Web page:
The domestic cat (Felis catus or Felis silvestris catus) is a small, usually furry, domesticated, and carnivorous mammal. They are often called housecats when kept as an indoor pet or simply cats when there is no need to distinguish them from other felids and felines. Cats are often valued by humans for companionship and their ability to hunt pests.
Cats are similar in anatomy to the other felids, with strong, flexible bodies, quick reflexes, sharp retractable claws, and teeth adapted to killing small prey. Cat senses fit a crepuscular and predatory ecological niche. Cats can hear sounds too faint or too high in frequency for human ears, such as those made by mice and other small animals. They can see in near darkness. Like most other mammals, cats have poorer color vision and a bettersense of smell than humans.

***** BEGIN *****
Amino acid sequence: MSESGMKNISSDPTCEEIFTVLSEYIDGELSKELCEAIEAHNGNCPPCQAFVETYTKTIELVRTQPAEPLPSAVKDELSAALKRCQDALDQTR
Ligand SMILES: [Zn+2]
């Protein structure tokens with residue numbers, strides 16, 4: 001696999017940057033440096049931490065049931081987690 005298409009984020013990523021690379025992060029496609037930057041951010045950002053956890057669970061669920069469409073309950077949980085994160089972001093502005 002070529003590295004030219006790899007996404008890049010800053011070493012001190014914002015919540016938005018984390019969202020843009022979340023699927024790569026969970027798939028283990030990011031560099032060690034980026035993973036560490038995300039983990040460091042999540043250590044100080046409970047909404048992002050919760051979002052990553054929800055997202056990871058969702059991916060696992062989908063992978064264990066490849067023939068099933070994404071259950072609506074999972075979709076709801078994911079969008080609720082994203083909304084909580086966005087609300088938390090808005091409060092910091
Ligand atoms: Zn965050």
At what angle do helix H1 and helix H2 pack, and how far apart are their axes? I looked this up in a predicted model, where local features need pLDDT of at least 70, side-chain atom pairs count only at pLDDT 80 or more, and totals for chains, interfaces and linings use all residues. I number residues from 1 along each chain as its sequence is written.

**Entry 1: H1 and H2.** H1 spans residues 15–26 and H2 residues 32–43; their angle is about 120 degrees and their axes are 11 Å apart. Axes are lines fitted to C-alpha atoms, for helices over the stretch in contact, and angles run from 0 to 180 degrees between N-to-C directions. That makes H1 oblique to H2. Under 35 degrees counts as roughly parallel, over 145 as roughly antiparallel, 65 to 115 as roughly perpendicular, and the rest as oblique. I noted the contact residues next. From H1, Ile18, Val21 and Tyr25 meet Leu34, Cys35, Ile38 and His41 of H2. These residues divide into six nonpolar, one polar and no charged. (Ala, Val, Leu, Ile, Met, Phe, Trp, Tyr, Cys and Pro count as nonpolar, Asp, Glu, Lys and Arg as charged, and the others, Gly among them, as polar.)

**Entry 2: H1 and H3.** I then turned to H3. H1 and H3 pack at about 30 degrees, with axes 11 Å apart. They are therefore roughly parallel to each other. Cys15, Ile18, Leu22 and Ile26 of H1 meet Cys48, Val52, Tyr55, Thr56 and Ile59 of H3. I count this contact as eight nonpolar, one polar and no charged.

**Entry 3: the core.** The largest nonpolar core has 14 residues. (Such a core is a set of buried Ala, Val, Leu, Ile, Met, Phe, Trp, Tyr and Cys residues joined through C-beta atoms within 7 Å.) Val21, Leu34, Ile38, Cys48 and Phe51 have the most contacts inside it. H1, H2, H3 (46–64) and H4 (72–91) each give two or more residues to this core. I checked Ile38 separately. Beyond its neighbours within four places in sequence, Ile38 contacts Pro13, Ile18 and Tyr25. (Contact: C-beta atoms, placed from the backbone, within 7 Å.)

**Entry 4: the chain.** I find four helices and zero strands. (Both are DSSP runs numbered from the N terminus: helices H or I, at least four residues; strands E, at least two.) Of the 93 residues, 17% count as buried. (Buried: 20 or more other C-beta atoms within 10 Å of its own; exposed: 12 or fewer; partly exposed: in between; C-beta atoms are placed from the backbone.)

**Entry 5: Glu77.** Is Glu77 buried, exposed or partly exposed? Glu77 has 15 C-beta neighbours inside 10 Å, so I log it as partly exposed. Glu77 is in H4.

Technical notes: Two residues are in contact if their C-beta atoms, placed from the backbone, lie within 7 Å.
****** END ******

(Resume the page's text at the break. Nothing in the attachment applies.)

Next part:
Despite being solitary hunters, cats are a social species and cat communication includes the use of a variety of vocalizations (mewing, purring, trilling, hissing, growling and grunting), as well as cat pheromones and types of cat-specific body language.